The aftermath has also been emotional, says Rosqvist, who explains that glaciers play a very particular cultural role in Sweden. Unlike someplace like the Himalayas, where glacier melt provides fresh water to hundreds of millions of people, “people don’t depend on them as such,” Rosqvist says. “We can live without them, but it’s sad if they go. They mean a lot symbolically.”
Combined with the scalding summer, the fall of the south peak seems to have provided an opportunity for people to experience the effects of climate change in a newly visceral way, she says. “It’s like everybody walks around waiting for examples, waiting for it to hit you as a person. And I think it did this year somehow.”
This transfer of power may have at least one other practical repercussion. The south peak of Kebnekaise is that rare combination of stately and accessible. About 10,000 people scale it every summer, and many of them, like Gee, are inexperienced climbers, willing to put in a day’s rigorous trek to see the views. A whole ecosystem has cropped up to support their efforts. In 2016, a private company flew in a team of Sherpa mountain experts to build steps along the main set of trails. Close to the summit, the Kebnekaise Mountain Station offers shelter, food, guided tours, and equipment rentals.
From the top of the south peak, you can see the northern peak: the new highest point in Sweden, and much more difficult to access. The route from one to the other “is a peaked glacier—it’s like a razor edge that you have to cross,” says Per-Olov Wikberg, the coordinator for Sweden’s Mountain Safety Council. “It’s very slippery in August when the snow has melted away. You have to use crampons, and ice axes. It’s almost a 60-degree slope on both sides.”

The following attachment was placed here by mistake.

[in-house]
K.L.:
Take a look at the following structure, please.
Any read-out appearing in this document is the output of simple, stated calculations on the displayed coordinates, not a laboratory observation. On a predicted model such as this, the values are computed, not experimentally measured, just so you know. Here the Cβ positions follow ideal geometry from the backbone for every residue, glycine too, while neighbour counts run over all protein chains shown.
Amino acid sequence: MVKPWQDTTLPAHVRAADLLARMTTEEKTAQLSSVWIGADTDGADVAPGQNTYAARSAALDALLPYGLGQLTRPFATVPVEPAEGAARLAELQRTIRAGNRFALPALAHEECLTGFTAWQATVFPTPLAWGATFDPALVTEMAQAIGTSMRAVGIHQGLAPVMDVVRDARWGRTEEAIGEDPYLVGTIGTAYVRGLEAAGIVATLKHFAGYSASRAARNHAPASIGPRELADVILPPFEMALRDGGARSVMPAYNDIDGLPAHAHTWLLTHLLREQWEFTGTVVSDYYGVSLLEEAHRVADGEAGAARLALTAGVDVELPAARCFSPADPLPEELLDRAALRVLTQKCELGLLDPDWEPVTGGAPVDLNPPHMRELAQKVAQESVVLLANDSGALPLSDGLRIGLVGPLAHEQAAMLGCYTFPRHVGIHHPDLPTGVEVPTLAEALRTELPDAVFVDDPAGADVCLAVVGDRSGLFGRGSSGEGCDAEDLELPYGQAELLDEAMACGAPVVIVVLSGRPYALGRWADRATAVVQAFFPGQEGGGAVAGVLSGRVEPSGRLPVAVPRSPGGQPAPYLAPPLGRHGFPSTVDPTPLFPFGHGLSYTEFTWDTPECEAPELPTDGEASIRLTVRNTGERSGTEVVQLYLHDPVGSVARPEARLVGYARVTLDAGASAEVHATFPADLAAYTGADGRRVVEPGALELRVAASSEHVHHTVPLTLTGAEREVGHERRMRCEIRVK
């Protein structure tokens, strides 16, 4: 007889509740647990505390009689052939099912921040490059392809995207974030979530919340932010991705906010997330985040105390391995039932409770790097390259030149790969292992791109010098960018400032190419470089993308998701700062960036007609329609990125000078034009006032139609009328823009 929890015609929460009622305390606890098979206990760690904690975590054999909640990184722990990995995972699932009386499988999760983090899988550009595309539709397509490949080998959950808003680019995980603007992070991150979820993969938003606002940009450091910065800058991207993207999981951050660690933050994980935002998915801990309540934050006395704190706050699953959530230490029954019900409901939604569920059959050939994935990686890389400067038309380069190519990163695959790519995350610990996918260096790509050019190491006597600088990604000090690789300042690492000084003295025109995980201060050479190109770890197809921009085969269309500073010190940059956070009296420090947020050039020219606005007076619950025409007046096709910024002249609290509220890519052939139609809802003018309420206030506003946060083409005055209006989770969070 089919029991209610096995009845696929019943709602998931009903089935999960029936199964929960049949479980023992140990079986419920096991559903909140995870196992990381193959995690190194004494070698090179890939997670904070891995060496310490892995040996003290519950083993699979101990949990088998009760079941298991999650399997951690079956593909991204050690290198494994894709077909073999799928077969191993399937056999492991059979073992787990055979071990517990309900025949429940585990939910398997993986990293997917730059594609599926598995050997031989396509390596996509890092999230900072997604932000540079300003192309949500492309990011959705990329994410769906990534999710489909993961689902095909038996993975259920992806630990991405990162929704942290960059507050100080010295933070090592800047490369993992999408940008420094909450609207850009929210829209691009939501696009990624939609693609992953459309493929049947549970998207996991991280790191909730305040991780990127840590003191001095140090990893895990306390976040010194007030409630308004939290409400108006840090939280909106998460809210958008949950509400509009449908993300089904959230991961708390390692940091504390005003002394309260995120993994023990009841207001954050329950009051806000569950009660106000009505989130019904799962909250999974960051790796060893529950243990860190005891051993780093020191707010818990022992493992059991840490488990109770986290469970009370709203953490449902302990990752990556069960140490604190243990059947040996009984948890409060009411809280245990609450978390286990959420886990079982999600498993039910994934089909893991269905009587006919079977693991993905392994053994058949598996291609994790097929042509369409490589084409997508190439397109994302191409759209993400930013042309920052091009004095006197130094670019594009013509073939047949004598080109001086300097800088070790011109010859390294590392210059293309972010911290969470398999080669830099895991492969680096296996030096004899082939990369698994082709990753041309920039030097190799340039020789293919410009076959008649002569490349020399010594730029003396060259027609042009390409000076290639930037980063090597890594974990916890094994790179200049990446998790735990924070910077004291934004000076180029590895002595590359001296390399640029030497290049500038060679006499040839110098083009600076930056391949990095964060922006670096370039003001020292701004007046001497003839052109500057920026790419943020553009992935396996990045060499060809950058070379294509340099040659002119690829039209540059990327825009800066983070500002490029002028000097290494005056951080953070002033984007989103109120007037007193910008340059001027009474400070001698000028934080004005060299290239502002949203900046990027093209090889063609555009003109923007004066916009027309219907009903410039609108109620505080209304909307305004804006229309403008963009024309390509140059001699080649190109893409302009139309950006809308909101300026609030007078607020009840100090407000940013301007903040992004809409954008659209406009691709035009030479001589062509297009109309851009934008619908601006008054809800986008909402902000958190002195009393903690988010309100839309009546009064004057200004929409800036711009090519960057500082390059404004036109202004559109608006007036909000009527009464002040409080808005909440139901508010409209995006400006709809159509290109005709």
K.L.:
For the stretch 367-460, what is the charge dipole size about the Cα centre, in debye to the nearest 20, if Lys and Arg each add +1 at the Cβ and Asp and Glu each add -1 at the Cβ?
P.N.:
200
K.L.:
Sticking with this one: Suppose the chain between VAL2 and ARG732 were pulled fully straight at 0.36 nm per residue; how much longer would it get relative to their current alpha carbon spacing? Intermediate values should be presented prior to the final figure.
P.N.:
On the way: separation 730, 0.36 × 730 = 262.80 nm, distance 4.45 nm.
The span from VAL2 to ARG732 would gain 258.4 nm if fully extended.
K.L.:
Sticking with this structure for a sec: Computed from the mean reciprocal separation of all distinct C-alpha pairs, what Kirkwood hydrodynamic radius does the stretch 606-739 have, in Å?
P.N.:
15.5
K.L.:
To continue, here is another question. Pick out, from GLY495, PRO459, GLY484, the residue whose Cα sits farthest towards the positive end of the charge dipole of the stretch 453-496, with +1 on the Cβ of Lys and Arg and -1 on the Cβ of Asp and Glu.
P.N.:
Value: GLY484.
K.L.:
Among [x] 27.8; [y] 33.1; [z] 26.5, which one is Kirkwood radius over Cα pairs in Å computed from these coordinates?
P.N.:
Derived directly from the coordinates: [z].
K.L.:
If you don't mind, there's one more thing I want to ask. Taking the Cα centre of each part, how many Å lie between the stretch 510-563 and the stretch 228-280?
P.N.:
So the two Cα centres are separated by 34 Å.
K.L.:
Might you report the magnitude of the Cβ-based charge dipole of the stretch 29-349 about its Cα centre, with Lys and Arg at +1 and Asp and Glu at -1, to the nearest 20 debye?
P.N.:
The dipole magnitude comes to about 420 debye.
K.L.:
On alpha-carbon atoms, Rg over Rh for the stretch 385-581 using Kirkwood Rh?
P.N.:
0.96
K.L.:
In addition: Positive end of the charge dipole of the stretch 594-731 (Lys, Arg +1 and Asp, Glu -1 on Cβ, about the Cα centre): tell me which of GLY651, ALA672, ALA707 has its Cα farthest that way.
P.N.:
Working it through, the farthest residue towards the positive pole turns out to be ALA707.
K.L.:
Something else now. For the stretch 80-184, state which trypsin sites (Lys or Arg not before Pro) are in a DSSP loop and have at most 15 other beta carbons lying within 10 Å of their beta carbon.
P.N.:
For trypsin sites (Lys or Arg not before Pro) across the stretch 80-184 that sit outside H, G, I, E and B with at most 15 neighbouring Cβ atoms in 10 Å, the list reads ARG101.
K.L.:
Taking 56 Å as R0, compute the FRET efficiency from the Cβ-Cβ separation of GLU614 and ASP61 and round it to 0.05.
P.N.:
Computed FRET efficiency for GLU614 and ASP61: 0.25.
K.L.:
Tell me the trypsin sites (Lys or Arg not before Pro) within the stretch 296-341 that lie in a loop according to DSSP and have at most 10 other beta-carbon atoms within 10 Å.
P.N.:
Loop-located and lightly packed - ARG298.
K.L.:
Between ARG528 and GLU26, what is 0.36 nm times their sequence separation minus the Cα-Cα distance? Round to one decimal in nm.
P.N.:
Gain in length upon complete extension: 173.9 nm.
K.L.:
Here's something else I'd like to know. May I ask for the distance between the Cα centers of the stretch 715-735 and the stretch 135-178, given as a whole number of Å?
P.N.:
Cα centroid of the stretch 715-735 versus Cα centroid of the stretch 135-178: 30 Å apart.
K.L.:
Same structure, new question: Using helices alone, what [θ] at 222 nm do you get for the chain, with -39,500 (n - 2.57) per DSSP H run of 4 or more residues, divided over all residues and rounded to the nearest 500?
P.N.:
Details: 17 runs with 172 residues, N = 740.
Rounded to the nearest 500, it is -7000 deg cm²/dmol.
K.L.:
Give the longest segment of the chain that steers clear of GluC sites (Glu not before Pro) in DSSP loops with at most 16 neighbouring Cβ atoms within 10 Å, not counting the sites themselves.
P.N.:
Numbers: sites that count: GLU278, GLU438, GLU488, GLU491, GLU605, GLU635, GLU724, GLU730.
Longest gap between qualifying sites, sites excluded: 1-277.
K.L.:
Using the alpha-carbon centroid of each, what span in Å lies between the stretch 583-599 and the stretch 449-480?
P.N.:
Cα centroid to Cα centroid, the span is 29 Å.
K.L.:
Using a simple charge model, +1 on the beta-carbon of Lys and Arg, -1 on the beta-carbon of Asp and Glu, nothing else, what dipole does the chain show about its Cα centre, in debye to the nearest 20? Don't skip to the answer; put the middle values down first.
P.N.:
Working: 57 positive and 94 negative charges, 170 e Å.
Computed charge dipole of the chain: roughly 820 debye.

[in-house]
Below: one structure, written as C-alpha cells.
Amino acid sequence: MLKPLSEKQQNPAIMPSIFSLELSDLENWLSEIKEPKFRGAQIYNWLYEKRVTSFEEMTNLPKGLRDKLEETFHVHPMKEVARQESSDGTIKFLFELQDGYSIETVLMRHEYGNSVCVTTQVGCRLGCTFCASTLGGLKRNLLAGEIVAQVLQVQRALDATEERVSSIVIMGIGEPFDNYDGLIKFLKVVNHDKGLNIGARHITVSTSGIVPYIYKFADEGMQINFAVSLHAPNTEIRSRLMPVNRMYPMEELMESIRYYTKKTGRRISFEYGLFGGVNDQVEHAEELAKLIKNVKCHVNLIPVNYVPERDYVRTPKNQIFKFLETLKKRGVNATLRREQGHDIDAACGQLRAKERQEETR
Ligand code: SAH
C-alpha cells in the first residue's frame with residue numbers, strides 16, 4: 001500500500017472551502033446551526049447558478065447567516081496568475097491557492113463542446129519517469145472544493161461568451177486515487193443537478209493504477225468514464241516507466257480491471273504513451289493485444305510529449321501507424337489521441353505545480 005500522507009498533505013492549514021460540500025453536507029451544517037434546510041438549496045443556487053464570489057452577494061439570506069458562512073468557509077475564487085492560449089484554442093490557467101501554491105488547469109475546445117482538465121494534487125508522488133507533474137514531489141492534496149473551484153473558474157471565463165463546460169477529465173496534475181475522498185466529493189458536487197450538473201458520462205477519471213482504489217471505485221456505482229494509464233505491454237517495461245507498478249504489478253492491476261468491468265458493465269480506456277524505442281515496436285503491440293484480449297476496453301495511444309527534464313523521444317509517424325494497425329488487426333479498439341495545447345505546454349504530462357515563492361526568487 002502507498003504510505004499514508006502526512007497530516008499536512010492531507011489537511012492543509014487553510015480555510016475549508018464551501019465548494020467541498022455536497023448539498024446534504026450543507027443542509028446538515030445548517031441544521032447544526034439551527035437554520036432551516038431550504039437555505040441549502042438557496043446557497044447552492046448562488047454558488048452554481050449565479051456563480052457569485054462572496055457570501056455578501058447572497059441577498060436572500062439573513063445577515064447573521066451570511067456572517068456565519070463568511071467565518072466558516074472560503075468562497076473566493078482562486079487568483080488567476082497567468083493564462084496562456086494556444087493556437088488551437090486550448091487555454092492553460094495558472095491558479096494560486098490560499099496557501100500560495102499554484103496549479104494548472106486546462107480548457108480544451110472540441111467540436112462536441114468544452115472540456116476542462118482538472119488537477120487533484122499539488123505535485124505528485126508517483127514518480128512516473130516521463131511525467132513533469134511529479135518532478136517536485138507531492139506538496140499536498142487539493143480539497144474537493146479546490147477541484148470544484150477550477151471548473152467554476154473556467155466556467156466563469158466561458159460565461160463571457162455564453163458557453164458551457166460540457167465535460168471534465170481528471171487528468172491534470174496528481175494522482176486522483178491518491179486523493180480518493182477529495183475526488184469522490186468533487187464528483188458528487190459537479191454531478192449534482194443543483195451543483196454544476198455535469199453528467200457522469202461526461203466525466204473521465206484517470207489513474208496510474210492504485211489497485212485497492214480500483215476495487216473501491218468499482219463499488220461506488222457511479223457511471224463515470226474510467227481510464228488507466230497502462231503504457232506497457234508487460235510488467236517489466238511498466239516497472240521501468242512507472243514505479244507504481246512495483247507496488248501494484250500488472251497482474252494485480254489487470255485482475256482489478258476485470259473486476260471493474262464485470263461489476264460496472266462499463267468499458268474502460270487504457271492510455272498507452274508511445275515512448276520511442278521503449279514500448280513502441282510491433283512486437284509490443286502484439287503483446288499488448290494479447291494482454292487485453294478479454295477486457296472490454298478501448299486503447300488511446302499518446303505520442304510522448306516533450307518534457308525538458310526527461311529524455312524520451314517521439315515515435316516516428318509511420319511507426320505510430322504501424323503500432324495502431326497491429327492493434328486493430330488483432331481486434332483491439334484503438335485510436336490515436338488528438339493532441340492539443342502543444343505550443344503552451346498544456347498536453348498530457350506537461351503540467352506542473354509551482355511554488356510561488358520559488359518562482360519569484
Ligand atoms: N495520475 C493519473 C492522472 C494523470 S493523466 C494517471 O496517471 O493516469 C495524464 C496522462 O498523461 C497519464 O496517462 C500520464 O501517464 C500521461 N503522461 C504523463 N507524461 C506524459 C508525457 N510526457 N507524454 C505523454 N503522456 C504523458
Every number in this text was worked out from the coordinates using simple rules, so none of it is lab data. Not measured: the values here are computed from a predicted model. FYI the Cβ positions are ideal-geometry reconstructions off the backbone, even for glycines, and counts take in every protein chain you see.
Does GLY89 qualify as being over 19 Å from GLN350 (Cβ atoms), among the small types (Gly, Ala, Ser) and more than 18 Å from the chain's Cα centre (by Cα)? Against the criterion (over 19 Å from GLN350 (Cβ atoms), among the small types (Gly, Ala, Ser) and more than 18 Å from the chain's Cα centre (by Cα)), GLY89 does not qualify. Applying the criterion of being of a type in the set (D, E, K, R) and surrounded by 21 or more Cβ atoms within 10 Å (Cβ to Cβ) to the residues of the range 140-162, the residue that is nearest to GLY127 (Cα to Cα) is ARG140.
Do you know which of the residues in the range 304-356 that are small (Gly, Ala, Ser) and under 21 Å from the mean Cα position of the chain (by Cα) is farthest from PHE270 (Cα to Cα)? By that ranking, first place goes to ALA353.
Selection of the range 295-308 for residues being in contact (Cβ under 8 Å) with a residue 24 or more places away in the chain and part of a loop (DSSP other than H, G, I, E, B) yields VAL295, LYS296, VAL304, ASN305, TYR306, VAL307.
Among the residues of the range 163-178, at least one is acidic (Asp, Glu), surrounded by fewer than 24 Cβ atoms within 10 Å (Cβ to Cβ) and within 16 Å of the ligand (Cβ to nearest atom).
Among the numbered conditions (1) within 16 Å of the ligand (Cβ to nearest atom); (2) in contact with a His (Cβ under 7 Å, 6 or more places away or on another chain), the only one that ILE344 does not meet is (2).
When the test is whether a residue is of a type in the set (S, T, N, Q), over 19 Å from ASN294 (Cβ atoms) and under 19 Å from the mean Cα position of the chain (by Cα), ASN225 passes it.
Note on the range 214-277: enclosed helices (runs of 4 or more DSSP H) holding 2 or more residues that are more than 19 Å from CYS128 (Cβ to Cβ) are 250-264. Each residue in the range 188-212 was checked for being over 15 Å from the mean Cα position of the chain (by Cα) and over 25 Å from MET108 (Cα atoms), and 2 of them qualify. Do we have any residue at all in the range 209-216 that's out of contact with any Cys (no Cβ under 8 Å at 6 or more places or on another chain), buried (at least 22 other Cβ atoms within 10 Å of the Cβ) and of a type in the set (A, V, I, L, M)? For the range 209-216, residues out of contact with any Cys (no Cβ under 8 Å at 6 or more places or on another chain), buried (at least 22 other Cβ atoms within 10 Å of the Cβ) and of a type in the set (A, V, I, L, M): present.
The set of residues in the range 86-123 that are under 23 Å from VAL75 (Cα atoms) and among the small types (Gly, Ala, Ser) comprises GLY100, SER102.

In other words, the new ruler is much less democratic. “It will not be maybe so easy for any ordinary person to get to the new peak, I would say,” says Rosqvist. “You don’t want to take your kids there, probably.” But because it’s now on top, its appeal has increased. “People are talking about it—that they really would like to reach the north peak as well because now it will be higher than the south peak,” says Wikberg.
A recent meeting of mountain safety officials in Sweden focused heavily on the new safety challenges that could result, he adds. “It could be a severe problem next summer, but we really don’t know yet.” (Marit Sarri, the manager of the mountain station, told the New York Times that she doesn’t expect this will affect their operations very much, predicting that “the southern peak will still be the natural peak for many visitors.”)
As the melting continues, these priorities will continue to shift, says Per-Olov. “If you look forward 20 years, I think the peak glacier of Kebnekaise could have disappeared—nothing left,” he says. “And then you have just rocks and stones to walk on to reach the peak. So it will be much easier.”
Gee, for one, doesn’t plan to take on the north peak. “On the one hand, it’s frustrating to know that my solitary success on my list of ultimate challenges is now void,” he says. “But on the other hand, I still climbed a monstrous mountain. Maybe it will be something to tell my grandkids one day—I climbed what was once the highest mountain in Sweden.”